# Example: Using signed distance functions to embed contours in discrete grids

Published 2012-02-26 | Author: Josh Chang

The figure demonstrates the embedding of an interface $\partial\Omega$ into a discrete grid using the signed Euclidean distance function. The distances are computed using 4 iterations of a Newton-Raphson algorithm. The image is similar to the one in my paper:

@article{chang2010tracking,
title={Tracking monotonically advancing boundaries in image sequences
using graph cuts and recursive kernel shape priors},
author={Chang, J. and Chou, T. and Brennan, K.},
journal={Medical Imaging, IEEE Transactions on},
number={99},
pages={1--1},
year={2010},
publisher={IEEE}
}
The example is based on the SWAN wave model example by Marco Miani.

Do you have a question regarding this example, TikZ or LaTeX in general? Just ask in the LaTeX Forum.
Oder frag auf Deutsch auf TeXwelt.de. En français: TeXnique.fr.

% Using signed distance functions to embed contours in discrete grids
% Author: Josh Chang
\documentclass{article}
\usepackage{tikz}
\usetikzlibrary{positioning}
\usetikzlibrary{calc}
\usetikzlibrary{arrows,shapes,backgrounds}
\begin{document}
\begin{tikzpicture}[scale=2,every node/.style={minimum size=1cm},on grid]

% slanting: production of a set of n 'laminae' to be piled up.
% N=number of grids.
\begin{scope}[
yshift=-100,every node/.append style={
yslant=0.5,xslant=-1.3},yslant=0.5,xslant=-1.3
]
% opacity to prevent graphical interference
\fill[white,fill opacity=0.9] (0,0) rectangle (4,4);
\draw[step=4mm, thin, gray] (0,0) grid (4,4); %defining grids
\draw[black,very thick] (0,0) rectangle (4,4);%marking borders
\draw [ultra thick](0,1) parabola bend (2,2) (4,1)  ; % parabola curve

\coordinate (sphi) at (0.6,3.4);
\node at (sphi) [fill=black,circle,scale=0.1] {$s$};

\pgfkeys{/pgf/number format/.cd, fixed, zerofill, precision =1}

\foreach \x in {0,...,9} {
\foreach \y in {0,...,9} {
%calculate the signed distance
%
% use newton raphson for 4 iterations to compute the distance
%
\pgfmathparse{0.2+0.4*\x}
\pgfmathresult \let\xpoint\pgfmathresult;
\pgfmathparse{0.2+0.4*\y}
\pgfmathresult \global\let\ypoint\pgfmathresult;

\pgfmathparse{\xpoint}
\pgfmathresult \global\let\xx\pgfmathresult;
% Run 4 iterations of Newton-Raphson to compute distance
\foreach \iter in {1,...,4} {
\pgfmathparse{0.25*(\xx*\xx*\xx-6*\xx*\xx+4*(\xx-2)*\ypoint
+12*\xx-8*\xpoint+8)}
\pgfmathresult \let\functionderv\pgfmathresult;
\pgfmathparse{3*(\xx-2)*(\xx-2)/4+\ypoint}
\pgfmathresult \let\functiondervv\pgfmathresult;
\pgfmathparse{\xpoint-\functionderv/(\functiondervv)}
\pgfmathresult \let\xx\pgfmathresult;
}

\pgfmathparse{-\xx*\xx/4+\xx+1}
\pgfmathresult \global\let\yy\pgfmathresult;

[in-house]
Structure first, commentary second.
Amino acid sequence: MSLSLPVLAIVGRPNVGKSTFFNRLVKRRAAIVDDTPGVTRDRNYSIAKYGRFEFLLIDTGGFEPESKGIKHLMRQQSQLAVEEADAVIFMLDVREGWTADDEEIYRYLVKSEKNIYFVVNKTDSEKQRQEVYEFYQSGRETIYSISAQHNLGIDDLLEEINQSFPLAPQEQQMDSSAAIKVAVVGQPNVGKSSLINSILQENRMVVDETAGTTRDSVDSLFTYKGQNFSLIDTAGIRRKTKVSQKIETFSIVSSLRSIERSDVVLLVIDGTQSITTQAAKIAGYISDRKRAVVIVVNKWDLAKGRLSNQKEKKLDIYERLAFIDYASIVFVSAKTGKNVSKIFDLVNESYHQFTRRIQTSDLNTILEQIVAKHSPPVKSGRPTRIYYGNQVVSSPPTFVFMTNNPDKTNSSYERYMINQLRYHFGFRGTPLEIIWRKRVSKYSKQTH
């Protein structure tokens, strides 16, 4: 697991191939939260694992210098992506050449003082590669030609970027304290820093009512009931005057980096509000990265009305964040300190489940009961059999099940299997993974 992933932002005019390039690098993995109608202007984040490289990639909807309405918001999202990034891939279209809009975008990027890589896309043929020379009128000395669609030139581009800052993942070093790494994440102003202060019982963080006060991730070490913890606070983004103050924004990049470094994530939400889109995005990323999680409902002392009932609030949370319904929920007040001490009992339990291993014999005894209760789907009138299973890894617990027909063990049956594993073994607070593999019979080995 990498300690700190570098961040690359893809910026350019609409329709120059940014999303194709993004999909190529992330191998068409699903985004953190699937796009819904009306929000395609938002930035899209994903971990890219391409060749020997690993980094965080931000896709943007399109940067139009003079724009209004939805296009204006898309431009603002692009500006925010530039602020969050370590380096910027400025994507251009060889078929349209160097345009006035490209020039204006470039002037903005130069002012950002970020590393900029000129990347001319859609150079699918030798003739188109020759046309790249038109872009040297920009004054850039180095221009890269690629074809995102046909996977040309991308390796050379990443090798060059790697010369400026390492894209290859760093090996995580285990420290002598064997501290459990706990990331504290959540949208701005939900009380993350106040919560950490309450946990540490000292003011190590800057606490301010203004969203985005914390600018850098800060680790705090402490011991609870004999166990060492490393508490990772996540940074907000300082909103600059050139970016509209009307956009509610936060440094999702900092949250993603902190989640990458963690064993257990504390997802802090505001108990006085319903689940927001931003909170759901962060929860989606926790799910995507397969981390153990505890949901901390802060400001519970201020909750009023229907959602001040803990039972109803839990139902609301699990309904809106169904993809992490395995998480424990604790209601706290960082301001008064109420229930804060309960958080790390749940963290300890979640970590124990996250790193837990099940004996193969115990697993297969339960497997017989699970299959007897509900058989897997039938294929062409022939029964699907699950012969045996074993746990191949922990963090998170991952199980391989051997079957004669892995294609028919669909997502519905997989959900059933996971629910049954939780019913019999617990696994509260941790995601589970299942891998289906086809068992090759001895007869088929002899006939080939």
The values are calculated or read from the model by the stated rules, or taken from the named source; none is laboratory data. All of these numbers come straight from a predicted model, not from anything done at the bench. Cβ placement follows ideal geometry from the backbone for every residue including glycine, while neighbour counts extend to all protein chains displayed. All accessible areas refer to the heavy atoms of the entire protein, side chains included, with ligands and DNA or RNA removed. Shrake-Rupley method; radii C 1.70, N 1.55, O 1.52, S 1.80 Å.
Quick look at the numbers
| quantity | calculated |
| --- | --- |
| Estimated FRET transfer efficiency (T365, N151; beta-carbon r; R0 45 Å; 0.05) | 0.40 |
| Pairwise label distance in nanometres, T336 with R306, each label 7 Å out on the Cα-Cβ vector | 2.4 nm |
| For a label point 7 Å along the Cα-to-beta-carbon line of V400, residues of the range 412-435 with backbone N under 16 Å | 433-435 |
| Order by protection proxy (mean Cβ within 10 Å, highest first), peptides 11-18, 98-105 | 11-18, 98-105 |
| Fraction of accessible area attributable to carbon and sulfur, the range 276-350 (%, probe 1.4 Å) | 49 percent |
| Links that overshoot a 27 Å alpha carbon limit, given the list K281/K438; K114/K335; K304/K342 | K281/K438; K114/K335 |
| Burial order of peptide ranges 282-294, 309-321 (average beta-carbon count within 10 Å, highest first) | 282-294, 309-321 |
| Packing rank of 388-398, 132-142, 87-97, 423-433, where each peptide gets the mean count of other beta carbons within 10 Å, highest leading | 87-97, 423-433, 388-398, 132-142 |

\pgfmathsetmacro{\dd}{sqrt((\xpoint-\xx)* (\xpoint-\xx)
+ (\ypoint-\yy)*(\ypoint-\yy ))/.4};
\pgfmathparse{int(\yy*100)}
\pgfmathresult \let\yyy\pgfmathresult;
\pgfmathparse{int(\ypoint*100)}
\pgfmathresult \let\yypoint\pgfmathresult;
\ifnum \yyy > \yypoint { %% Signed distance
\pgfmathparse{-\dd} \pgfmathresult \global\let\dd\pgfmathresult;
}
\fi
\node[scale=0.7,thick] at (\xpoint,\ypoint)
{$\mathbf{\pgfmathprintnumber{\dd}}$};
}
}

\end{scope}

\begin{scope}[
yshift=-160,every node/.append style={
yslant=0.5,xslant=-1.3},yslant=0.5,xslant=-1.3
]
%marking border
\draw[black,very thick] (0,0) rectangle (4,4);

%draw bottom parabola
\draw [ultra thick](0,1) parabola bend (2,2) (4,1)  ;
\draw[-latex,thick](2.8,1)node[right,scale=1.5]{$\partial\Omega$}
to[out=180,in=270] (2,1.99);

\node at (2,0.5) [scale=1.5] {$\Omega$};
\node at (1.2,2.7) [scale=1.5] {$S\setminus\Omega$};
\coordinate (s) at (0.5,3.5);
\node at (s) [fill=black,circle,scale=0.1] {$s$};

\end{scope} %end of drawing grids

% signed distance
\draw[-latex,thick](4.8,-.2)node[above,scale=1.3]{$\phi_\Omega$}
to[out=-90,in=0] (4.1,-1.5);

% s
\draw[-latex,thick](-4,-.2)node[left,scale=1.3]{$\phi_\Omega(s)$}
to[out=0,in=90] (sphi);

%s
\draw[-latex,thick](-4,-3)node[left,scale=1.3]{$s$}
to[out=0,in=90] (s);
\end{tikzpicture}
\end{document}


• #1 Yan, March 9, 2012 at 4:29 p.m.

Newton-Raphson algorithm in TeX, wow... My nerdy side is flabbergasted in a good way. Incidentally, it shows how overly complicated the TeX syntax becomes once you start "abusing" its original purpose.

• #2 Josh, May 18, 2012 at 10:22 p.m.

Thank you for your kind comment Yan. I figured that learning how to write a loop would be a lot more time efficient than having the enter the numbers in 1 by 1!

Also, here is an updated bibtex for the paper containing the cousin of this figure, the one above was before publication:

@article{chang2012tracking, title={Tracking monotonically advancing boundaries in image sequences using graph cuts and recursive kernel shape priors}, author={Chang, J. and Chou, T. and Brennan, K.}, journal={Medical Imaging, IEEE Transactions on}, volume={13}, number={5}, pages={1008--1020}, year={2012}, publisher={IEEE} }

• #3 ChriSopht, June 4, 2012 at 4:37 p.m.

Hm, the upper left corner is sqrt(5^2+2^2) cells away from a cell which is 0.1 away from the grid. By the triangle inequality it can't be farer away than about 5.5. It appears as if you just computed the distance in y-direction

• #4 Elmo, November 30, 2012 at 8:06 p.m.

Traffic Mayhem Review- Splendid article post on the blog bro. This amazing is just a exclusively nicely structured blog post, just that the data I was looking regarding. Kudos